Newspaper Article 13/06/2017
The North Atlantic Treaty Organization (NATO) summit is going to be held on May 24-25, 2017. Apart from other various important security issues, NATO members will discuss Afghanistan’s security situation and most likely President Donald Trump will announce its policy on Afghanistan. According to international media reports, he will likely send five thousand American soldiers in Afghanistan. This will be the third American “military engagement” in Afghanistan since 2001. After the first American engagement in 2001, former President Obama tried to curb Afghan militancy in 2009 by sending more than 30,000 troops. It was called the “second American engagement in Afghanistan”. However, the second “engagement of the US” in Afghanistan could not bring desired results for the US. Currently, scholars are discussing about new surge of American troops and their objectives in Afghanistan. Why is Trump sending five thousand troops in Afghanistan?
It seems that President Trump wants to portray himself as a stronger and aggressive President as compared to his predecessor. Moreover, he also wants to show American public that he is radically different from former President. The NATO drawdown and presence of American non-combating forces was the strategy of former President. However, troops surge in Afghanistan will portray that Trump’s policies are different, which will help him consolidating his white American voter.
Another reason for the American troops surge in Afghanistan is the recent Afghan Taliban’s strategic gains under their summer offence campaign. Fighting has sharply escalated in Afghanistan over the past few weeks with the Afghan Taliban gradually retaking control of some important districts. The Taliban captured a strategic district in the northern province of Kunduz. This comes only five days after the Taliban captured a district in neighbouring Baghlan province seizing a number of government forces’ vehicles and ammunition. Hence, summer offence of Taliban is gradually intensifying. President Trump had pledged his people during election campaign that he would not increase overseas defence expenditures. This change in the policy identifies that may be President Trump’s policy in Afghanistan is buying time for Afghanistan to become a sustainable and strong state so that it could fight itself against Afghan Taliban. This policy has been confirmed by the troops surge or “third US engagement in Afghanistan”. These troops will try to maintain status quo in the country. Moreover, these troops will attempt to control strategic gains of Afghan Taliban.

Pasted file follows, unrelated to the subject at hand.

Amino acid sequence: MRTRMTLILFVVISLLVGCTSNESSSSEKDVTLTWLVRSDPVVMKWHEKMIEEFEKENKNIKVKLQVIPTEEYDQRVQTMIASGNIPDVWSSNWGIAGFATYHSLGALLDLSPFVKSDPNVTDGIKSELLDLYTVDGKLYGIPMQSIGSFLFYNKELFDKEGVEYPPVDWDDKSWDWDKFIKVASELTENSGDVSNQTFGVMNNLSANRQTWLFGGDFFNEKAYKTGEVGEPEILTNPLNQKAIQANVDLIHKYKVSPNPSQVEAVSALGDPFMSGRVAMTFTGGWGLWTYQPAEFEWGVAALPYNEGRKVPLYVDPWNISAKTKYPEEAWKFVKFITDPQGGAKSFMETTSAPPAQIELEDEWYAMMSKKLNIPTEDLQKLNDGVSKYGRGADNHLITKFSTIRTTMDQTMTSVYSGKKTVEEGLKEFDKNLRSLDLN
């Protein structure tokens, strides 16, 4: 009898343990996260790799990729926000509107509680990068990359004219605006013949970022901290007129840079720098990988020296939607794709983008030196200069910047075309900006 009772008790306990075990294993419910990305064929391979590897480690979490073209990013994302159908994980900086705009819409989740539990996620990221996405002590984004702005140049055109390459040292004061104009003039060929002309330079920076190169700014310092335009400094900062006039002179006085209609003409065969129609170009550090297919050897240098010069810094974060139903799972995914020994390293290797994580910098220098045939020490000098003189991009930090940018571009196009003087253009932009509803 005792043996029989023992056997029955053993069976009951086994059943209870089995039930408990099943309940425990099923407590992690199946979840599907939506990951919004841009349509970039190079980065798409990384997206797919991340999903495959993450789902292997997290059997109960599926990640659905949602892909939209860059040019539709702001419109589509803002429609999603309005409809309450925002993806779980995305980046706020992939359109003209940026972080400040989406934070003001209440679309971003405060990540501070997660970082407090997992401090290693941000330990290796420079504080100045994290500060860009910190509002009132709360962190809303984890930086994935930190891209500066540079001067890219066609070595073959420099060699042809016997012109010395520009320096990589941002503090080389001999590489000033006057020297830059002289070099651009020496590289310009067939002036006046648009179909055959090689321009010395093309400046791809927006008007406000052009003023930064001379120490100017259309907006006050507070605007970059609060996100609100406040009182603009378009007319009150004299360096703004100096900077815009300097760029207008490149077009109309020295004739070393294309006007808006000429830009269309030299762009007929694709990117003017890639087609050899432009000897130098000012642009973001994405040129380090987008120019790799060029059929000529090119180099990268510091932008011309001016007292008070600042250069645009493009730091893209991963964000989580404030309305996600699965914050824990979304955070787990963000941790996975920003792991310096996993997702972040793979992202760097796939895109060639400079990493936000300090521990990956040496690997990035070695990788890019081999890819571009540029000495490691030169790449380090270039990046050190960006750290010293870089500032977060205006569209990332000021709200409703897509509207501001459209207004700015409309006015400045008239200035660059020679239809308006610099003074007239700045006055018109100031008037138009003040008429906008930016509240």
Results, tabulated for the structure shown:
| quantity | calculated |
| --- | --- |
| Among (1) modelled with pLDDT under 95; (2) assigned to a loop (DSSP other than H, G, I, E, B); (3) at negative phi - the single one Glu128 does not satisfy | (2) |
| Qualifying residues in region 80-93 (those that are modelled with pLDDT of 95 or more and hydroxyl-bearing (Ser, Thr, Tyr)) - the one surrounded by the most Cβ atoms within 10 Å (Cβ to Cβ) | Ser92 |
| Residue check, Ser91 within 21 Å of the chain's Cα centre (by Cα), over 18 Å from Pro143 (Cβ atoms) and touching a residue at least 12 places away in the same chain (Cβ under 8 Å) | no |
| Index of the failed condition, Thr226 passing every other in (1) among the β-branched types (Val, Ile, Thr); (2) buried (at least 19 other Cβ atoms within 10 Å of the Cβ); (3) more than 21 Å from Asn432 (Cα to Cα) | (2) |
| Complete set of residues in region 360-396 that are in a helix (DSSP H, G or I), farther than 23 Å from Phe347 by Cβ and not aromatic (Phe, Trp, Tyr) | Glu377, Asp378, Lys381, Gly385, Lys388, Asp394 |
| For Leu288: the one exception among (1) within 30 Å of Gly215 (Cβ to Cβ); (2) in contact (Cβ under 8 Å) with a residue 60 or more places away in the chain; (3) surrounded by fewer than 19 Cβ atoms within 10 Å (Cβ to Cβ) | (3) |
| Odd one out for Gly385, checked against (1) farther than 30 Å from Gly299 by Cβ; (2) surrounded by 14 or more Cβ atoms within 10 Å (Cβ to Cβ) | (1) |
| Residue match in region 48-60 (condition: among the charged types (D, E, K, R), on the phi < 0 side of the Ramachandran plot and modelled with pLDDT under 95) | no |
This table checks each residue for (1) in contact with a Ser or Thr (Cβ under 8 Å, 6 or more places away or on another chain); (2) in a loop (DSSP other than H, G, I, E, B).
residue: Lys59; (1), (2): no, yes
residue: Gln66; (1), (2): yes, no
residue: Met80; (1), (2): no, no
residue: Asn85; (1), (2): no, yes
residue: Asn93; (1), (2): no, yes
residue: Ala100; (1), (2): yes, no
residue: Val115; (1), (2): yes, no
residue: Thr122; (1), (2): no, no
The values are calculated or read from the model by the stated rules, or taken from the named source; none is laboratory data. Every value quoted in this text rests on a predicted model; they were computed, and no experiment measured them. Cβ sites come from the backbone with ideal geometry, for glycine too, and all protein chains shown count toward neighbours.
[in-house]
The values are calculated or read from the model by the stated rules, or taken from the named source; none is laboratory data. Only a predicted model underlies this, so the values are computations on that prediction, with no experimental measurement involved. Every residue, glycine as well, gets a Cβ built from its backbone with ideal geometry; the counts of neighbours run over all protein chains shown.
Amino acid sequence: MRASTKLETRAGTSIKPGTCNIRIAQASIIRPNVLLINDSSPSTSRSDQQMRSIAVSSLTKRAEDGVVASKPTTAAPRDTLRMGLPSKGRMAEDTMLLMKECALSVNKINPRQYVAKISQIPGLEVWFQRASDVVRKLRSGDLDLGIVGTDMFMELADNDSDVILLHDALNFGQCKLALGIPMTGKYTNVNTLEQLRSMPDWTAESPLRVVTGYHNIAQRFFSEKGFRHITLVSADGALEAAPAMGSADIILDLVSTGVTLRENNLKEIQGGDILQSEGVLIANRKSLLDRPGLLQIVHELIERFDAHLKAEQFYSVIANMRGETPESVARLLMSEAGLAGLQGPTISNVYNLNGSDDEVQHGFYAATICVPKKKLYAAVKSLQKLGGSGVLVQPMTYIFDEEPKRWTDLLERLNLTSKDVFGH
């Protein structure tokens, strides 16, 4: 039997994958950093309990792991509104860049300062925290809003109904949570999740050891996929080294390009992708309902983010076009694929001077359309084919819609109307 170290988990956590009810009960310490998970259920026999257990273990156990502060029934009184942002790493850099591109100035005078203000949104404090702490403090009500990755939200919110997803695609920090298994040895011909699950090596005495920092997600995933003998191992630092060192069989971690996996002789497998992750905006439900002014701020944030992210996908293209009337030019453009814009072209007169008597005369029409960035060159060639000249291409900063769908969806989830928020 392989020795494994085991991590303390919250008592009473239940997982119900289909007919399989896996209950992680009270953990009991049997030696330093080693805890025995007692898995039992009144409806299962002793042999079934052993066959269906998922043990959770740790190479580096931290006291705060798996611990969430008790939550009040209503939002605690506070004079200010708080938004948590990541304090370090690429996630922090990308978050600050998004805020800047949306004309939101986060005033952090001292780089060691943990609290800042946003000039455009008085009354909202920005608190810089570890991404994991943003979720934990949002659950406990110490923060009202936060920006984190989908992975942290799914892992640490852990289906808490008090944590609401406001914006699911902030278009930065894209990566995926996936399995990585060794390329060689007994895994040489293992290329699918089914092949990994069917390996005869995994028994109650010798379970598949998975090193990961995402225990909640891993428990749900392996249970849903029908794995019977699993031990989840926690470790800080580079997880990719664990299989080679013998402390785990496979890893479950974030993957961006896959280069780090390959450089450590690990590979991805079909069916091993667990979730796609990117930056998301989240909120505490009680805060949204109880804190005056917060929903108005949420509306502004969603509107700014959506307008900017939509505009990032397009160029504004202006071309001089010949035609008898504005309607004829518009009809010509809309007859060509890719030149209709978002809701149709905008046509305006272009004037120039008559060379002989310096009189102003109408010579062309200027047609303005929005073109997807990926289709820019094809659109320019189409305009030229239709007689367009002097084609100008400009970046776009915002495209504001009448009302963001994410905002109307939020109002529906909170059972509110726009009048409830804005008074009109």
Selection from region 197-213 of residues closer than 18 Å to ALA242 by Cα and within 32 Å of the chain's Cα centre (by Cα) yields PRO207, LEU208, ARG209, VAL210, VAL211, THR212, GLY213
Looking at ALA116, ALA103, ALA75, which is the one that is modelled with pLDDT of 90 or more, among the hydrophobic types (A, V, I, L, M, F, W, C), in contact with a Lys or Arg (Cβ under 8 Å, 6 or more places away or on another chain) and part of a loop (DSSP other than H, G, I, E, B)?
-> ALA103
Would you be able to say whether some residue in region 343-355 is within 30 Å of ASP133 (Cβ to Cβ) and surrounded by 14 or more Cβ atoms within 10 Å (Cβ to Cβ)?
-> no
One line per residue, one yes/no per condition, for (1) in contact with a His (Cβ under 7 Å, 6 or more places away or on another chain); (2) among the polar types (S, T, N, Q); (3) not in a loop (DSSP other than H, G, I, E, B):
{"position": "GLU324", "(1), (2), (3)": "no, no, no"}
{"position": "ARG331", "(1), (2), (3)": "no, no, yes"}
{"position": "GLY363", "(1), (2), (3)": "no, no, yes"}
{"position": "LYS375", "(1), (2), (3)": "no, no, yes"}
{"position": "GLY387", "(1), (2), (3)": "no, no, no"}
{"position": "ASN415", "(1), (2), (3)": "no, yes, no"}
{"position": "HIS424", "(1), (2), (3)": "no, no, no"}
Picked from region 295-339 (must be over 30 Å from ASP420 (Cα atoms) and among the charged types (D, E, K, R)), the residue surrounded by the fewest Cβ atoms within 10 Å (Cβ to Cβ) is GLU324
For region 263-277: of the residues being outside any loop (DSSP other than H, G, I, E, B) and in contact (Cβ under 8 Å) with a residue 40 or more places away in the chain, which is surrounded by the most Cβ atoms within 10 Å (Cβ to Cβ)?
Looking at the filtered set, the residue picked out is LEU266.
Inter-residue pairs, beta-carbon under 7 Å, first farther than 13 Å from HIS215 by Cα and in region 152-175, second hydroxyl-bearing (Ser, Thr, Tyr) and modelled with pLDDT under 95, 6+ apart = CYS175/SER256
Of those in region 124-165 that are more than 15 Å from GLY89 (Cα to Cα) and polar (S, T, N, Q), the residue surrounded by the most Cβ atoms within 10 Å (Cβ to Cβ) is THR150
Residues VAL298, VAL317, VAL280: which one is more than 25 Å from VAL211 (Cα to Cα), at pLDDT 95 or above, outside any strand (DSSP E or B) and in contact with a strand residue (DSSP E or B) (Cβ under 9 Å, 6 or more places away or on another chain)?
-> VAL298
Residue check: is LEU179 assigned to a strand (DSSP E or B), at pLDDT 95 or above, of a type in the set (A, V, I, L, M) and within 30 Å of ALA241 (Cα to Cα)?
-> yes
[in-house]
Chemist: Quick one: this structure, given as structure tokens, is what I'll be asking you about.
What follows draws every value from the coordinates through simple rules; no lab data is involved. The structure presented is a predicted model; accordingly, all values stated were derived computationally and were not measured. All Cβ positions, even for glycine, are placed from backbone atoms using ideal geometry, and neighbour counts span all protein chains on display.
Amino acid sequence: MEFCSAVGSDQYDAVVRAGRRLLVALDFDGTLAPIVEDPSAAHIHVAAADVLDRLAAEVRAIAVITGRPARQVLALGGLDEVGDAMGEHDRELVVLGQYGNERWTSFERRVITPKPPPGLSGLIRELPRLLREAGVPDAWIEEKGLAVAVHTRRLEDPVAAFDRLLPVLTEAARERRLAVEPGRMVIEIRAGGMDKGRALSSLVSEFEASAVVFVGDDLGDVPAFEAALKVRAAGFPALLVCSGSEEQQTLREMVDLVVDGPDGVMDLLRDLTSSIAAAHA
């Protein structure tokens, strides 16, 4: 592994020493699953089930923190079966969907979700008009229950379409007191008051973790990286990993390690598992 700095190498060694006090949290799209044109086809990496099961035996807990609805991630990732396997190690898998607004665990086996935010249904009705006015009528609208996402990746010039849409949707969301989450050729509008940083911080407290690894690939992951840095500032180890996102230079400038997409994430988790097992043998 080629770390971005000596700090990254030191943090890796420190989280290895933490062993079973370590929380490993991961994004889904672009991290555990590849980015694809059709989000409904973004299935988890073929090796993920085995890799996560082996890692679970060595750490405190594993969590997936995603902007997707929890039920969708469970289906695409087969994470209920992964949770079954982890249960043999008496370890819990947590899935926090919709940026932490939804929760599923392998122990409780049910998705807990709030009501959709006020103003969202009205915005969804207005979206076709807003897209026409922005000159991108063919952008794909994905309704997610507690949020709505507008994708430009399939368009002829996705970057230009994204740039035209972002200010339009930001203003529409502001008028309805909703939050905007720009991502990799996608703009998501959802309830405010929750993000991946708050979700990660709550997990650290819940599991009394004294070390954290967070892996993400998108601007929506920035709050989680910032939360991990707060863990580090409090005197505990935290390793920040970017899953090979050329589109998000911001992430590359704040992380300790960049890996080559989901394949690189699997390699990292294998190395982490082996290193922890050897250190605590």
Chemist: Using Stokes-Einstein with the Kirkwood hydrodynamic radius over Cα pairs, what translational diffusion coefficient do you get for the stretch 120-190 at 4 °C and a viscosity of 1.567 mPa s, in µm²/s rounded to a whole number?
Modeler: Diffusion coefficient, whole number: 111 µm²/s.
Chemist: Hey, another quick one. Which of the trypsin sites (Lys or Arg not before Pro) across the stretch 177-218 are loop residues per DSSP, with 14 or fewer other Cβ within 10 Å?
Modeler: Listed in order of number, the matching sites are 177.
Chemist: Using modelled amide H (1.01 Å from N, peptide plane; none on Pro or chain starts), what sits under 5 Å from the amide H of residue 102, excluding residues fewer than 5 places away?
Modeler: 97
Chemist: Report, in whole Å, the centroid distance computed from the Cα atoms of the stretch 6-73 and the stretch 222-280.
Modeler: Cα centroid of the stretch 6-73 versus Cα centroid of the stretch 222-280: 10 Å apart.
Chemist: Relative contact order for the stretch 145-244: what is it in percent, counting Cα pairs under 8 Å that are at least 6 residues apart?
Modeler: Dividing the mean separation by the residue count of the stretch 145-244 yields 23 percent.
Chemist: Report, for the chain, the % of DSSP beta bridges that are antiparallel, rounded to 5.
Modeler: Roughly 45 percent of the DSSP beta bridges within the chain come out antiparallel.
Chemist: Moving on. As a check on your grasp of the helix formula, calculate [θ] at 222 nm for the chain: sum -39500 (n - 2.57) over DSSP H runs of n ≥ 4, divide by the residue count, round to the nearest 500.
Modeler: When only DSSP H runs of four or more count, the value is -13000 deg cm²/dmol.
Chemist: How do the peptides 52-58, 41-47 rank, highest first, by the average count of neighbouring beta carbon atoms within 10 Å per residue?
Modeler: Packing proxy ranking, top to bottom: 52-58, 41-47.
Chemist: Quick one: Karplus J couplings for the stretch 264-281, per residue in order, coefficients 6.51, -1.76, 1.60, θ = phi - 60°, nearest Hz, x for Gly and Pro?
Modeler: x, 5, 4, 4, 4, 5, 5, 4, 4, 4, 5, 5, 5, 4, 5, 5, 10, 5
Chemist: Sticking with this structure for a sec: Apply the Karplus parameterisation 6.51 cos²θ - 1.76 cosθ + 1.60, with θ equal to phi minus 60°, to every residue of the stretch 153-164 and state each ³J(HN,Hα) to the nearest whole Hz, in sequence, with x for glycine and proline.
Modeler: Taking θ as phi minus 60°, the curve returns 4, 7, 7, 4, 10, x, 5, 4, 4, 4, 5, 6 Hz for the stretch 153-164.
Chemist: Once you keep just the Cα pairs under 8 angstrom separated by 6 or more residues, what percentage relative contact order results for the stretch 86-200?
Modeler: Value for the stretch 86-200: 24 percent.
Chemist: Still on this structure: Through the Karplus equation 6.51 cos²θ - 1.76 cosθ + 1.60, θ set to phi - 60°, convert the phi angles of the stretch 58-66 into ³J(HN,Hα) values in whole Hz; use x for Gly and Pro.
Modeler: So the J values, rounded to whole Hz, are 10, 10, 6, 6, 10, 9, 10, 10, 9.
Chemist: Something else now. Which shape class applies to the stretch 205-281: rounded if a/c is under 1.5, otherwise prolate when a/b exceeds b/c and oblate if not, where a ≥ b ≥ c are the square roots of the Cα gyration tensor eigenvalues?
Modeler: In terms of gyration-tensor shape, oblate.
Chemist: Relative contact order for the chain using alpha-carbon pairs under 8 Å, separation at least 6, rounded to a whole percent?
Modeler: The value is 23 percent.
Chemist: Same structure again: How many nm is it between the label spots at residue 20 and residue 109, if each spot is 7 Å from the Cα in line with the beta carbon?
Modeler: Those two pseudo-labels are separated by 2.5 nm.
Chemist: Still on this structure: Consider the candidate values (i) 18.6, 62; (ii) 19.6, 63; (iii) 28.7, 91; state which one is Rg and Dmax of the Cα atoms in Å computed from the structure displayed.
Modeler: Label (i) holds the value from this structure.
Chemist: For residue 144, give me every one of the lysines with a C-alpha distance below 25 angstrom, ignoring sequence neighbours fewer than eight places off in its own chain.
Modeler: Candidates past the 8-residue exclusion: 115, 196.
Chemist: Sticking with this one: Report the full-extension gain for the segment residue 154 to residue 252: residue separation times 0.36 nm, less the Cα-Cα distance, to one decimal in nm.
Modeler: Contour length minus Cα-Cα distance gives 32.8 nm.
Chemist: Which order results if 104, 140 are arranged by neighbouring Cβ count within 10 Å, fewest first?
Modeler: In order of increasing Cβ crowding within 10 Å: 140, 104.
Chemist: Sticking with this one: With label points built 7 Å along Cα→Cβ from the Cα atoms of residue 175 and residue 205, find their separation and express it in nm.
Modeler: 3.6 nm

Afghan National Security Forces (ANSF) does not have capacity and capability to counter the threat of the Islamic State (IS). In this regard, strategic gains of Afghan Taliban have further complicated the security situation in the country. The security forces of Afghanistan are facing the issue of defections. Afghan Taliban often recruit people within these security forces to launch attacks on military bases. The recent attack in Mizar-e-Sharif is a staunch example of such internal support. Hence, the factor of Islamic State (IS), lack of ANSF capability and internal politics of the US has concluded security experts of Pentagon to enter into a third American engagement in Afghanistan.
However, it seems clear that if more than 100,000 troops in Afghanistan couldn’t bring peace, how will these five thousand combating troops be effective enough to bring peace in the country? Therefore, Afghanistan’s solution lies in political means. Through political concessions, the reconciliation of Afghanistan can be made possible. In this regard, the world must acknowledge Pakistan’s role in the national reconciliation process of Afghanistan. Pakistan has repeatedly conveyed to the world that Afghan Taliban are political reality and they must be brought into mainstream. International community had neglected the demands of Afghan Taliban. It is suggested that the demands of Taliban should be listened to and examined. Only this step can lead to the political national reconciliation of Afghanistan.
Article originally published in The Nation on May 20, 2017.
Disclaimer: Views expressed are of the writer and are not necessarily reflective of IPRI policy.